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Solid Omental Tumors Workup

  • Author: Kendrix J Evans, MD, MS; Chief Editor: John Geibel, MD, DSc, MSc, MA  more...
 
Updated: Aug 10, 2015
 

Laboratory Studies

Standard preoperative laboratory studies include the following:

  • Coagulation evaluation
  • Complete blood count (CBC)
  • Electrolytes
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Imaging Studies

Ultrasonography

Most patients undergo abdominal ultrasonography as a first-line screening imaging study. This modality can indicate the presence of a mass in the midabdomen and can differentiate cystic tumors from solid tumors; however, it usually cannot identify the primary site of the tumor and its characteristics. Consequently, computed tomography (CT) of the abdomen is the study of choice in helping to diagnose omental tumors.

Computed tomography

CT provides anatomic details and usually identify the primary tumor site. It may also demonstrate displacement or compression on adjacent organs. In a review of primary omental leiomyosarcomas, all three cases revealed CT findings of a flat, pancakelike mass with multiple cystic spaces with enhancement of the solid areas of the masses.[25] The masses were located in the anterior compartment of the abdomen, usually anterior to the small bowel loops and transverse colon. This differs from the appearance of omental metastatic disease on CT, which has been described as an "omental cake" owing to the thickened tumor-implanted omentum floating in ascites.

Magnetic resonance imaging

Magnetic resonance imaging (MRI) is another available modality that can aid in differentiating cystic tumors from solid tumors. MRI is not operator dependent and requires no preparation contrast medium; however, it is more time-consuming and expensive than other imaging modalities.

Positron emission tomography

When a gastrointestinal (GI) stromal tumor (GIST) is suspected, imaging with 18F-fluorodeoxyglucose (18F-FDG) positron emission tomography (FDG-PET) can complement contrast CT in helping to differentiate benign tissue from malignant tissue and necrotic scar from active tumor. Baseline PET is recommended before initiation of treatment with imatinib because 80% of patients will exhibit response based on PET images.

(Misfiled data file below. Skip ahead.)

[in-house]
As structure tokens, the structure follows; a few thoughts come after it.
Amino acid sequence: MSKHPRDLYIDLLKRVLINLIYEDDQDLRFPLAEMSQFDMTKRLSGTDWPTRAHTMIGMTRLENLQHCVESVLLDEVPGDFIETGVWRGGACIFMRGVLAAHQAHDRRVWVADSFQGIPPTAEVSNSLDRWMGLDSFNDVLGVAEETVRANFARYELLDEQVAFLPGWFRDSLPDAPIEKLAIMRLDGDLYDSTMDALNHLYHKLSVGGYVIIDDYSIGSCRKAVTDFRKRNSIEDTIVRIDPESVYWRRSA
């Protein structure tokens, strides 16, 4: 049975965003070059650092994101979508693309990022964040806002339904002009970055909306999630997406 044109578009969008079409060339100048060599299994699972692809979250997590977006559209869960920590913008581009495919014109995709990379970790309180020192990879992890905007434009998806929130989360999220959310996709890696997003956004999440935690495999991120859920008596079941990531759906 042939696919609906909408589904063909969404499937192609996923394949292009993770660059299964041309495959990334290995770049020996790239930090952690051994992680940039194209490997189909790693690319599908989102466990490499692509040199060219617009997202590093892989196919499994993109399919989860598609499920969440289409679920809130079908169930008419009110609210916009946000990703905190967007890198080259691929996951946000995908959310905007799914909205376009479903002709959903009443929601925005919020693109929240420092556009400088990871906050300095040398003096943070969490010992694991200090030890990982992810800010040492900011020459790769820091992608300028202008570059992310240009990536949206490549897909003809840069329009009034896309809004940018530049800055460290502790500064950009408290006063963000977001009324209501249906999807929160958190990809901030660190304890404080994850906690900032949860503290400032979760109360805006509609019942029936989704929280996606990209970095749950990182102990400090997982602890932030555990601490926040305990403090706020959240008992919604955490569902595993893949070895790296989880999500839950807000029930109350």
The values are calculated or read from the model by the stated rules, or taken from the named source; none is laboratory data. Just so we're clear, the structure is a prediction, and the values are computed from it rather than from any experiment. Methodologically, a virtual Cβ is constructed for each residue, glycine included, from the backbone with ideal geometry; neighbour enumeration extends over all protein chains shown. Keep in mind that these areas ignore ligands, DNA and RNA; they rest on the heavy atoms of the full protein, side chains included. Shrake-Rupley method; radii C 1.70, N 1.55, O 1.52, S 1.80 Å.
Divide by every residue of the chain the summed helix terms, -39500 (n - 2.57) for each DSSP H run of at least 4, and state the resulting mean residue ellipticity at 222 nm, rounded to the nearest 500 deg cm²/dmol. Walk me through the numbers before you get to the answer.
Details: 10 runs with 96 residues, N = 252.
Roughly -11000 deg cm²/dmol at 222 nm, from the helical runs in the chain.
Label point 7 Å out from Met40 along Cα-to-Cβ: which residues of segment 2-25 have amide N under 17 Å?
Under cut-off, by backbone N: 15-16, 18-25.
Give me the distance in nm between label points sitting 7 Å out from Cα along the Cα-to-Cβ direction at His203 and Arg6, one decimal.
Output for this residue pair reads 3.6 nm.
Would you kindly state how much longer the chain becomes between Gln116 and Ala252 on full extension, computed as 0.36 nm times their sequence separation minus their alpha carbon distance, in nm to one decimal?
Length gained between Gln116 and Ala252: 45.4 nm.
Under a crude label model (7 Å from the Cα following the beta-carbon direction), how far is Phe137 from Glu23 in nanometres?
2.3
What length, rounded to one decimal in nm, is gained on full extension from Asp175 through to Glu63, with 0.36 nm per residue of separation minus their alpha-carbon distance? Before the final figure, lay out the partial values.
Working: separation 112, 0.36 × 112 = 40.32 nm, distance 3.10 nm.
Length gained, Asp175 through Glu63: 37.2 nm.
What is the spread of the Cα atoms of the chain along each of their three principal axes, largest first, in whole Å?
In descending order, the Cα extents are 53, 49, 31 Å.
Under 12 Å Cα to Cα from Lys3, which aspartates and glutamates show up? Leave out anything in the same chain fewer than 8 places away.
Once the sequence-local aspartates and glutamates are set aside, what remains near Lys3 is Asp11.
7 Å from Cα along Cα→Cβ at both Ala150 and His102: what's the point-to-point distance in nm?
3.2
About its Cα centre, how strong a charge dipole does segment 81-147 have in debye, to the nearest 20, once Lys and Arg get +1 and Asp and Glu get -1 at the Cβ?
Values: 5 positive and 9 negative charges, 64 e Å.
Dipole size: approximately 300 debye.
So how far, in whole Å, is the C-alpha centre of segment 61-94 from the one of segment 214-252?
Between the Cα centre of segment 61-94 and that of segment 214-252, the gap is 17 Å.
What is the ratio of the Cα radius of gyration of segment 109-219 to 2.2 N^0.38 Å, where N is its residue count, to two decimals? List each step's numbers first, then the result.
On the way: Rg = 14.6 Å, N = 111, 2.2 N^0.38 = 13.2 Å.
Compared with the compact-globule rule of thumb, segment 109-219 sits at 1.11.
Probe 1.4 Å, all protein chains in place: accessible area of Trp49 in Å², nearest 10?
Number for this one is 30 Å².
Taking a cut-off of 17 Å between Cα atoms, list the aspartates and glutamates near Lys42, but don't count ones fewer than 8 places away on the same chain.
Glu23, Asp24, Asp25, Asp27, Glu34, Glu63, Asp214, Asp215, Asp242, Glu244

Angiography

Angiography can be helpful in patients with a suspected omental tumor. The major arterial blood supply of the greater omentum is largely from the right and left gastroepiploic arteries, which are derived from the gastroduodenal and splenic arteries. Knowledge of these vascular structures helps in diagnosing an omental tumor. Malignant tumors are favored when angiography demonstrates a hypervascular mass with neovascularity. Angiography should be performed to determine the feeding artery of the tumor as well as its vascularity.

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Biopsy

Preoperative fine-needle aspiration (FNA) and core-needle biopsies are controversial. Although some surgeons find these procedures to be helpful in confirming the diagnosis of these abdominal masses, others argue that the risk of potentially contaminating the abdominal cavity with tumor cells is increased.

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Histologic Findings

Primary omental tumors with the following histologic types have been reported:

  • Leiomyosarcoma
  • Fibrosarcoma
  • Hemangiopericytoma
  • Schwannoma
  • Spindle cell sarcoma
  • Liposarcoma [26, 27]
  • Leiomyoma
  • Lipoma
  • Fibroma
  • Mesothelioma
  • Cysts
  • Lipoblastoma
  • Leiomyoblastoma [14]

Liposarcomas are further classified into the following four different subtypes[26, 27] :

  • Myxoid
  • Round cell
  • Well differentiated
  • Pleomorphic

The difference between benign and malignant omental tumors depends on the evaluation of many parameters (eg, size, pleomorphism, mitotic activity, necrosis, metastasis). Benign and malignant lesions are almost equally distributed.